After accepting her award for best female rapper Nicki spoke about transcending the role of a “female rapper” into simply a “rapper,” which she has absolutely done with her extensive and lucrative track history. On her feature verse on the “My Beautiful Dark Twisted Fantasy” track “Monster,” she out rapped the Hip-Hop dual monarchy of Kanye and Jay-Z. She has earned her place among the rap elite.
Perhaps because of her history of success, Nicki has felt a tad under appreciated as of late with the meteoric rise of the Australian sensation, Iggy Azelea, who has taken the world by storm with her omnipresent single “Fancy” and other solid efforts off her album “the New Classic.”
Azalea’s success led to the least hip-hop qualified magazine in the world, Forbes, to run the since-retracted headline “Hip Hop Is Run By A White, Blonde, Australian Woman.” It is a headline that is designed to get clicks, without really having any sort of factual basis. Azalea is a rising star in the game with a few popular singles and a solid album, but is lightyears away from controlling Hip-Hop.
Although Minaj dismissed Forbes and the headline, she had been bothered. These feelings surfaced during her acceptance speech for Female Rapper of the Year, when she proclaimed, “when you hear Nicki Minaj spit, Nicki Minaj wrote it” then she did a head turn so sassy that Regina George would have been proud. Immediately after, she said “No, no, no, no, shade” but her apology had about the same weight as Luis Suarez’s promise to never bite again.
Many perceived this to be shade cast over Azalea, who although is credited for writing some of her tracks, is not credited for writing all of them, including her massive single, “Fancy.”
Minaj’s putting of the new-comer in her place continues the time honored tradition of rivalry in Hip-Hop. From Jay-Z and Nas to the tragedy of Biggie and Tupac, Hip-Hop has always thrived on a steady diet of beef. Hip-Hop is rooted on street corners where MC’s test their skills against one another in freestyle battles. The purpose of these battles, and to a larger extent Hip-Hop, is to prove one’s greatness, if it happens to come at the expense of another person, well, then so be it.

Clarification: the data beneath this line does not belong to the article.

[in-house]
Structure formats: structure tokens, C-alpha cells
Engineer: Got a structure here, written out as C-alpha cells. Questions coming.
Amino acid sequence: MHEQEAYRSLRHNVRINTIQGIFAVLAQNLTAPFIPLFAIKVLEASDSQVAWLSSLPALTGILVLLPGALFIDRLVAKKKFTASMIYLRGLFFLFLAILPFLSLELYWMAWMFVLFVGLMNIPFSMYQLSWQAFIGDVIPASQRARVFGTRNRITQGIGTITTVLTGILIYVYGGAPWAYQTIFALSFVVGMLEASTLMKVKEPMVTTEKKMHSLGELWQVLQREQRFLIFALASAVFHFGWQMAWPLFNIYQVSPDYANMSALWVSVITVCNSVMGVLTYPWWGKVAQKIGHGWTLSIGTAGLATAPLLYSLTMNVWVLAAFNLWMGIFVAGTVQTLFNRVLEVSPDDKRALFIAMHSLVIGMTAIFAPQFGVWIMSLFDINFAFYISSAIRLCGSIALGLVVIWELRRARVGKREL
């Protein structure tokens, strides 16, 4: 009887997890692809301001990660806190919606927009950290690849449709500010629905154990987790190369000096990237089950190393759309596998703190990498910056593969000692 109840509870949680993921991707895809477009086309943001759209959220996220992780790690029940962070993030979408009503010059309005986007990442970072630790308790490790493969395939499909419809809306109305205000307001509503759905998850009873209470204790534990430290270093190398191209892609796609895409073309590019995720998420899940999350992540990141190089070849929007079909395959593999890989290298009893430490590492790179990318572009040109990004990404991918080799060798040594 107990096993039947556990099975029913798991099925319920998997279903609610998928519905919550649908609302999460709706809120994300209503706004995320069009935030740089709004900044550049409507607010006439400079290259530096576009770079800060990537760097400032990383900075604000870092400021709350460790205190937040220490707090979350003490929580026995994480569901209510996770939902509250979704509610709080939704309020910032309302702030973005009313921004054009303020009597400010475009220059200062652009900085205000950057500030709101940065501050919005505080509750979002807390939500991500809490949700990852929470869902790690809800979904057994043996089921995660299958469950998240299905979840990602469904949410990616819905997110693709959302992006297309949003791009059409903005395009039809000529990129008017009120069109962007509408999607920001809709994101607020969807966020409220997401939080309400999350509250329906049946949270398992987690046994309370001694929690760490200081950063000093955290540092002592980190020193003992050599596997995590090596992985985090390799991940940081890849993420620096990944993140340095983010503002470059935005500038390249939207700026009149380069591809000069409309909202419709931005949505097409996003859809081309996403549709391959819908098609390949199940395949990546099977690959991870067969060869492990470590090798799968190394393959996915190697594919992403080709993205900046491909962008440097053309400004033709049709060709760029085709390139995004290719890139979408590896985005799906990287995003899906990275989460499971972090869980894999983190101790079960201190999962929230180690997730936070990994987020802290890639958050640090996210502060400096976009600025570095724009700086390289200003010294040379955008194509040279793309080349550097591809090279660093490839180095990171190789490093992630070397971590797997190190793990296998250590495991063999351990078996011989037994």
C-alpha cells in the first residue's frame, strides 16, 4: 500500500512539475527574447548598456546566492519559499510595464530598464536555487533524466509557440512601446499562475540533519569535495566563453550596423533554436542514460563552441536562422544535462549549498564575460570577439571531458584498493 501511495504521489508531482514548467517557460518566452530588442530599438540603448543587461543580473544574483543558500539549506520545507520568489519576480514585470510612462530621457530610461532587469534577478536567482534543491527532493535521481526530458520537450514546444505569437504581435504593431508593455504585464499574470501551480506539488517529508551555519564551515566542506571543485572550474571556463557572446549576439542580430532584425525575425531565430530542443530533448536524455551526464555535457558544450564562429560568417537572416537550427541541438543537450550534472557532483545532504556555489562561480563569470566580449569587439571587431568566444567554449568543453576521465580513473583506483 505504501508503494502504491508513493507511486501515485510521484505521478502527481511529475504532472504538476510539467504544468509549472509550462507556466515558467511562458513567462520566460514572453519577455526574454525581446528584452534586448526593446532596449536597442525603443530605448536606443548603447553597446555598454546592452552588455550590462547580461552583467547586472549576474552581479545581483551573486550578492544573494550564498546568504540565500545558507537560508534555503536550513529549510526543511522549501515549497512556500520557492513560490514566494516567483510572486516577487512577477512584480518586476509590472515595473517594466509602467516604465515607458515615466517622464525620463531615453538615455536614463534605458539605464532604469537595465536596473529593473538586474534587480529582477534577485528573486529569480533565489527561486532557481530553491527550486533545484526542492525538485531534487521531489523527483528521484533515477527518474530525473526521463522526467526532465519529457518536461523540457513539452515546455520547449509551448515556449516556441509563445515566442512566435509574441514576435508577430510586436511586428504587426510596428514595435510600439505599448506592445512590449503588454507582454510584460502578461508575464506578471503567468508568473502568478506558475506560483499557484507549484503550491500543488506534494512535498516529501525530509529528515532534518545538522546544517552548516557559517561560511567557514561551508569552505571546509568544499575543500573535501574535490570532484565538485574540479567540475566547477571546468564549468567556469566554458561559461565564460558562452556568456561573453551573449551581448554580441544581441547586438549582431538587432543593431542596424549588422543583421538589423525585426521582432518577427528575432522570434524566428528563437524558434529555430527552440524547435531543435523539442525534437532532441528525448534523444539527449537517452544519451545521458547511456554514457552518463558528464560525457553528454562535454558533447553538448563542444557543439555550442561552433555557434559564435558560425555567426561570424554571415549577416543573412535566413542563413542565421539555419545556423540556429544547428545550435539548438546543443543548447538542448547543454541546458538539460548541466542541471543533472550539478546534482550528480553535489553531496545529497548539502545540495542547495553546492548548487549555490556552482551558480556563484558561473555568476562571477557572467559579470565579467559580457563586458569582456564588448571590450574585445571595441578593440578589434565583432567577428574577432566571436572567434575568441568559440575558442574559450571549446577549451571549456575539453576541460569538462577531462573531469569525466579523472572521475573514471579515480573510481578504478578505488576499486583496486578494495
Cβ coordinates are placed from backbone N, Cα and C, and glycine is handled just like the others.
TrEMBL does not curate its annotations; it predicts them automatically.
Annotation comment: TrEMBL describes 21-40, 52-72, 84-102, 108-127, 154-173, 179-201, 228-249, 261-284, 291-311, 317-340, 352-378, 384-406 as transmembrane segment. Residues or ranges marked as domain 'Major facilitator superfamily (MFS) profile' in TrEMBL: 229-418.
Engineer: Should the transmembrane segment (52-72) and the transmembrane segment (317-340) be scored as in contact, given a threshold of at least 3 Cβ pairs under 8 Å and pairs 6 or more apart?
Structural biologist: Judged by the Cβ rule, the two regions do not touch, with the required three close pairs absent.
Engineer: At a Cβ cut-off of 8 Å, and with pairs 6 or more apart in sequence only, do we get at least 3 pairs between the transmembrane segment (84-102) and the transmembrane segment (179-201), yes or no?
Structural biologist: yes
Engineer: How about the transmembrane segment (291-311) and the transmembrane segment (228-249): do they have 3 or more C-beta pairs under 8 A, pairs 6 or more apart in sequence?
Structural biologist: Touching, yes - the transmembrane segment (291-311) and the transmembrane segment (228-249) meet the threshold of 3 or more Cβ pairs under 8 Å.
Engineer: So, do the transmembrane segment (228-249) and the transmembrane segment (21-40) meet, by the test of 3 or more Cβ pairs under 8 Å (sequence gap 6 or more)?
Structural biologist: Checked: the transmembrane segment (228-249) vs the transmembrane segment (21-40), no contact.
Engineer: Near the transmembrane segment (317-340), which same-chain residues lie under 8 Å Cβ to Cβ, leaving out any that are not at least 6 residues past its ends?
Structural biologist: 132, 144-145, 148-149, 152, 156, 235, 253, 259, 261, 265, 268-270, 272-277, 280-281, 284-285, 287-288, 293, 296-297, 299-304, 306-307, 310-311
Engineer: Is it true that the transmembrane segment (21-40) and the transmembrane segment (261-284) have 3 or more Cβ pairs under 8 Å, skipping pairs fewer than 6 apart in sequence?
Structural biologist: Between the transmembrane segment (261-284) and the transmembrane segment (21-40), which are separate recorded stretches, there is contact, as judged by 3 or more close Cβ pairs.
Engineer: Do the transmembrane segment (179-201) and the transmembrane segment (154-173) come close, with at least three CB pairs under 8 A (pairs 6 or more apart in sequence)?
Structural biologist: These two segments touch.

Beef has led to some of the most entertaining tracks of all time as MC’s are pushed to create a track that unequivocally dismisses the other and asserts their own dominance. Look no further than the nasty “Control” verse by Kendrick or the vicious “Hit ‘em Up” by Tupac to understand that competition only makes rap greater. Hip-Hop, like sports, is more fun when the people at the top of the game dislike each other.
Nicki has become the blueprint of success for modern female rappers. She refuses to imitate male rappers, instead brashly exhibiting female strength that has gained her fans of both genders. At the same time, Minaj realized that at this point in Hip-Hop’s development, the best way for a female rapper to achieve fame is to have crossover appeal into pop music. She has put out tracks with the authenticity of real Hip-Hop that also appeal to the larger pop demographic.
As they say, “Imitation is the sincerest form of flattery” and no one has imitated the career of Minaj more than Azalea. Azalea has embraced this M.O. “Fancy” is a boast of femininity that features impressive spitting on verses that sandwich a pop hook that has been burned into the subconscious of Earth’s population.
Even their appearances are similar. They both emphasize their outlandish curves, sport long, flat, blonde hair, and dress themselves in colors and patterns so loud that Craig Sager might think they’re overdoing it.
This beef, like many before it, is not a big deal. It is merely two rappers at the top of their respective game marking each other as competition. Perhaps, Azalea should take Nicki’s shade as a compliment because it means that the reigning queen of Hip-Hop has identified her as relevant enough to address.
The beef would be promptly squashed by Azalea paying proper homage to the trailblazing Minaj, but its continuation is for the best. The aging of this beef will not only add a layer to Minaj and Azalea’s impressive discography, but also push two phenomenally talented artists to to prove themselves as the most dominant female rapper.
Follow John on Twitter @FlynnDecent